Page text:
Explainable trade secrets: an oxymoron or fertile ground for innovation?

Amendment to the Article 70a of the Polish banking law that came into effect in June of this year, is the first legislative initiative in European Union that has the aim to empower bank clients seeking an explanation of their credit score, or the prediction of their creditworthiness. Strengthening the protection granted to Polish clients by the General Data Protection Regulation (GDPR), this precedent in national law enables borrowers to request “information on the factors, including personal data, which affected the evaluation of their creditworthiness.”

Encountering bloody others in mined reality / AI & Society

This article explores interpersonal and human–computer interaction in the era of big data through the lens of Martin Buber’s relational ethics. Doing theory otherwise, it analyses the importance of other voices and speech through the case of digital assistants, questioning the implications of naming them ‘companions’. Following recent proposals to ascribe legal subjectivity to synthetic agents, the article explores the effects on agency, interaction with flesh-and-blood others and democracy in an attention economy enmeshed with technologies of behavioural manipulation powered by users’ utterances that enable novel forms of social control by owners of the means of communication.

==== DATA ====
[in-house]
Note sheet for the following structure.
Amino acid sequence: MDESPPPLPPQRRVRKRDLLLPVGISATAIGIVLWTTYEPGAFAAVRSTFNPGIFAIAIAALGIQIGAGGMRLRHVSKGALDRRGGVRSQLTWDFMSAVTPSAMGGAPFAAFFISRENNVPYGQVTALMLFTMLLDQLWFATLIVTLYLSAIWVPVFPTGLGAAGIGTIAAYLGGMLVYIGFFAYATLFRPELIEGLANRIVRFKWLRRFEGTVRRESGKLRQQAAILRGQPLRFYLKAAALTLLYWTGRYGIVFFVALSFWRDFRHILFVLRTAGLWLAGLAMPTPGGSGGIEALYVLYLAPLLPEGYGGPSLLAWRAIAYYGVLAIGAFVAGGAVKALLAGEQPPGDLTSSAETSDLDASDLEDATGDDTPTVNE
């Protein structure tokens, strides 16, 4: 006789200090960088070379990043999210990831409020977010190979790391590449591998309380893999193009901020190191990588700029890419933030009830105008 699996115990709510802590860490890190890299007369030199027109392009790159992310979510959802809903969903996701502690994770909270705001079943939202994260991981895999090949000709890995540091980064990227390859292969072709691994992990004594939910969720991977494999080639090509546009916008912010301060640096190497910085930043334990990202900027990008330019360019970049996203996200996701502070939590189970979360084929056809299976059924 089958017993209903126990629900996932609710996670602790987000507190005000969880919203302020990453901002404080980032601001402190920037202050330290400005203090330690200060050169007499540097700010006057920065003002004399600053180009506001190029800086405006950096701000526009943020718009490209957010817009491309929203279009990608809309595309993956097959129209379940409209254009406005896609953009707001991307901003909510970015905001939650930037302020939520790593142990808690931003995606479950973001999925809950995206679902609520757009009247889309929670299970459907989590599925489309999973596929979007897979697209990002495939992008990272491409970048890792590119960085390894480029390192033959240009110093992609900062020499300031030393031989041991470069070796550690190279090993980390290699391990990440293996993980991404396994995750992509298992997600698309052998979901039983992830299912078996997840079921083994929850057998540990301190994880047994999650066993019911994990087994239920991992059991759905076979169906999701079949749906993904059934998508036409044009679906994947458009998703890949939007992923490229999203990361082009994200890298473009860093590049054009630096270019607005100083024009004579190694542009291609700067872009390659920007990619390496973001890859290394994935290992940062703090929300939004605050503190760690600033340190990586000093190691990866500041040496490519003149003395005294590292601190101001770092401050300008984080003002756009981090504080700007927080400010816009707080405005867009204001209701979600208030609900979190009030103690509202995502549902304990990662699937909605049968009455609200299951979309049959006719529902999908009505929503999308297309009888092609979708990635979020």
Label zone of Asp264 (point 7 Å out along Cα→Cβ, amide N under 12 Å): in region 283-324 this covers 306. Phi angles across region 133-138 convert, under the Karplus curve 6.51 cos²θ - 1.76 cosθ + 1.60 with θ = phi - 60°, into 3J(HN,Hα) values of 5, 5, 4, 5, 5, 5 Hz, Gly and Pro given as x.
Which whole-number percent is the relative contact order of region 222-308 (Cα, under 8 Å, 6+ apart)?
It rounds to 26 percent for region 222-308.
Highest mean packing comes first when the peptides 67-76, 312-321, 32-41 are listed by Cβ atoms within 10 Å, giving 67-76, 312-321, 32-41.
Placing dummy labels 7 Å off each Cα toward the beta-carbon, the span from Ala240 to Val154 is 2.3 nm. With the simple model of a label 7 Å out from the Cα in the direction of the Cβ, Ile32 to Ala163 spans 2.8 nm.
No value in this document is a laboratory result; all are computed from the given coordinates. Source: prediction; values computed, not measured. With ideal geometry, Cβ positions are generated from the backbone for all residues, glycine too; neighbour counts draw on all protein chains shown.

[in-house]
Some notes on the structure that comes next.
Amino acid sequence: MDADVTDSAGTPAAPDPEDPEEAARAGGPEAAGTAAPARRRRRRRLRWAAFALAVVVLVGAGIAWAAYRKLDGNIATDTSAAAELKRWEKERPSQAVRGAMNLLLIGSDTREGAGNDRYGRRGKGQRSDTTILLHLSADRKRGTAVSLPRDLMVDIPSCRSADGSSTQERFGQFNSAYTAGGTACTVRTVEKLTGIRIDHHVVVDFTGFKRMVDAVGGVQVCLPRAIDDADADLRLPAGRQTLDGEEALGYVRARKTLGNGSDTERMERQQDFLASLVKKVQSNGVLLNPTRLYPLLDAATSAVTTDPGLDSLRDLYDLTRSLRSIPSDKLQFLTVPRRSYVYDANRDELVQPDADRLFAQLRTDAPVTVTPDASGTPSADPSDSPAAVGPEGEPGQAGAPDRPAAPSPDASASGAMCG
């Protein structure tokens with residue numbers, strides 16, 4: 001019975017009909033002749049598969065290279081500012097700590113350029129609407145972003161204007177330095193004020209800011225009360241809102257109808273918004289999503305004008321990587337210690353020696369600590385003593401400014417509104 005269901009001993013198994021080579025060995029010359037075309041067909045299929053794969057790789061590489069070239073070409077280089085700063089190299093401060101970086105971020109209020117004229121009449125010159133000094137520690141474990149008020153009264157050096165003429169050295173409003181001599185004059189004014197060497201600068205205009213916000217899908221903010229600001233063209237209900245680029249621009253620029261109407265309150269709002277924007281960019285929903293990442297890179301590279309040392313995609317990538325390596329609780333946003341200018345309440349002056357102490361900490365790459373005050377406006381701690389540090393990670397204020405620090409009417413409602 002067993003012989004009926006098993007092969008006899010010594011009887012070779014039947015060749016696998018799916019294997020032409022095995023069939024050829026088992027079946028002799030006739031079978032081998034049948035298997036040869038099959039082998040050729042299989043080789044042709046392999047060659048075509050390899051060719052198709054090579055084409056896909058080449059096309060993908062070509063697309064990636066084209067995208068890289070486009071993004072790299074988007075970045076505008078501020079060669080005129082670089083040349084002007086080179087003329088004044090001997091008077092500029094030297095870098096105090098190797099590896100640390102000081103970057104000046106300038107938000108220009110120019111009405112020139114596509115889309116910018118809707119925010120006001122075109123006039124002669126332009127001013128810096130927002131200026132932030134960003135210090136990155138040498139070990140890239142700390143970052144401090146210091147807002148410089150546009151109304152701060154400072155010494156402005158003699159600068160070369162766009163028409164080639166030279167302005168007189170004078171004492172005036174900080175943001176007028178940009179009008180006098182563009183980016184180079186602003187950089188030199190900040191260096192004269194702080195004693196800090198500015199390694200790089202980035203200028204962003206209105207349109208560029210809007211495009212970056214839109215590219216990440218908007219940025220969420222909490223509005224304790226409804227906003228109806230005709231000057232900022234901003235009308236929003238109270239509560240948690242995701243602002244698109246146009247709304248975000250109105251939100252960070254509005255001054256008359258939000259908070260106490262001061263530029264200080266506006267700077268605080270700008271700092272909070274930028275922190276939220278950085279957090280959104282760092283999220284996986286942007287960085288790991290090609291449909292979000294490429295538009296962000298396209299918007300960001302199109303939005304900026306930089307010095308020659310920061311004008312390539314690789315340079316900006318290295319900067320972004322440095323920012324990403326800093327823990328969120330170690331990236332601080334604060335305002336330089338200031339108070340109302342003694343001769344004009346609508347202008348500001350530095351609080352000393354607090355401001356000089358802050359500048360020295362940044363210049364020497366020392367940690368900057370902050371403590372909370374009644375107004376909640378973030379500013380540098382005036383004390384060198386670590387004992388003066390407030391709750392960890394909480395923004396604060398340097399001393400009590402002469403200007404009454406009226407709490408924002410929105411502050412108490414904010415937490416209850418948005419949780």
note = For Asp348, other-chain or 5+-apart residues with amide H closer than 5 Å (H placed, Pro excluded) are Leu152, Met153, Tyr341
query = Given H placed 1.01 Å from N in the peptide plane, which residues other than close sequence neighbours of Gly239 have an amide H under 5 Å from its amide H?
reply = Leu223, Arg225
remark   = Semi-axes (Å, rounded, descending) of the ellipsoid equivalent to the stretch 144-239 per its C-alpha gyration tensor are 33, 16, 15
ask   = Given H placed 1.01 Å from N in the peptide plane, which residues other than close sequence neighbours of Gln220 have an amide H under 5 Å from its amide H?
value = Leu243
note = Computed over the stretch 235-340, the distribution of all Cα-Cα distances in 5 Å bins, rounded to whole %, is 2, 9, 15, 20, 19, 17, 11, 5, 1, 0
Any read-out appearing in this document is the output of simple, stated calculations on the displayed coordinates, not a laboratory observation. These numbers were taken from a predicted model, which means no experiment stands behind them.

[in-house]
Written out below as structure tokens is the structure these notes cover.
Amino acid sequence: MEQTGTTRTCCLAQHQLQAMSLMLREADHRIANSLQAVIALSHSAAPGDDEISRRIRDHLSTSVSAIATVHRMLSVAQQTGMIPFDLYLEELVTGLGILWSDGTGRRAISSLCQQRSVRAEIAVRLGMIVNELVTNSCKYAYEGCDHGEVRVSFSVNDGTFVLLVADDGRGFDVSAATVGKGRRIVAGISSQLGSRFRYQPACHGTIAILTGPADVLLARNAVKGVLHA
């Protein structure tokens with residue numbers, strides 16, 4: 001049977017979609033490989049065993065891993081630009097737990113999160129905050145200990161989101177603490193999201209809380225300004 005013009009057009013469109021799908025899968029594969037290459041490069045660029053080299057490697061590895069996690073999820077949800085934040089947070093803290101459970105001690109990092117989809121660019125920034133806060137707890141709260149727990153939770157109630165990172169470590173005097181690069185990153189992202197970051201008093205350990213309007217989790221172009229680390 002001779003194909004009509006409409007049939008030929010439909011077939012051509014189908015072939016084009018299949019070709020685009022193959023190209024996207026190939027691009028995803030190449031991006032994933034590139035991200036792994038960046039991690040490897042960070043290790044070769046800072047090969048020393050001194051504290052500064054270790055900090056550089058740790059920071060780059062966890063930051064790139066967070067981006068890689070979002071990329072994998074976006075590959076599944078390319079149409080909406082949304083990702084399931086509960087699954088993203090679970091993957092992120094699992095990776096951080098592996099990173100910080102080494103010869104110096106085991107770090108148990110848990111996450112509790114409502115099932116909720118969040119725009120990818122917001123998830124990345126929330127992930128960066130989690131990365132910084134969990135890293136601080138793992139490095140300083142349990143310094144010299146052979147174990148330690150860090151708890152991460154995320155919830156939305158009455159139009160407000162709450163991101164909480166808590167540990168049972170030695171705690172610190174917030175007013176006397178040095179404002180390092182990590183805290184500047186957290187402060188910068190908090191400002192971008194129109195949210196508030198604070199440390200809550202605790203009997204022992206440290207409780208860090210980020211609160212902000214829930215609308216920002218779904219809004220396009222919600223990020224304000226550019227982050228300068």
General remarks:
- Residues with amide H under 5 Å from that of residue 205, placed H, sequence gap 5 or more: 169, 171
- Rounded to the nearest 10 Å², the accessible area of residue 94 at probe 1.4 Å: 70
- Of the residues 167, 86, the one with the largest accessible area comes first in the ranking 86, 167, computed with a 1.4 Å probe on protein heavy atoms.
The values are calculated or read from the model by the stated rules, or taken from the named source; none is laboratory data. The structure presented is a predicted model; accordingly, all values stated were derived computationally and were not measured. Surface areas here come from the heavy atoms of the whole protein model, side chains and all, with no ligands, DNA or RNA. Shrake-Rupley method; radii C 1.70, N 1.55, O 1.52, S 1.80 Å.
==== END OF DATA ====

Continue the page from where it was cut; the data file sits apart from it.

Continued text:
Are You In A Relationship With A Machine? / Twaats Podcast

We interact a lot with machines. Whether we’re using our mobile phones, giving Alexa commands or even playing with a (sex) robot), we’re now giving these devices more intimate information than ever before. In a way, this means that we might feel like we are in a private relationship with them, but the reality is that a lot of corporations hold this data. But we’ve always had a relationship with machines. We’ve found dildos that are 28,000 years old, we’ve fantasised about cars and statues, and sometimes our social status depends on the machines we own and interact with. So what really has changed?

Gamification of Politics: Start a New Game! / Teorija in praksa

The following text presents a digital tool called gamification and its possible use(s) in the field of politics. Gamification is used in order to increase participation: we argue that it could be the cure for political alienation. In the context of participatory and ludified culture, we approach crowdsourcing, blurred boundaries between work and leisure and practical usage of digital games, which in fact teach collaboration. Text rejects Arendt’s rejection of technology and calls towards a reconfiguration and dislocation of the public sphere. Despite an utopistic undertone, text draws parallels between Foucault’s Panopticon-Utopia and a gamified public sphere.
Close

Subscribe to get sent a digest of new articles by Nika Mahnič

This site is protected by reCAPTCHA and the Google Privacy Policy and Terms of Service apply.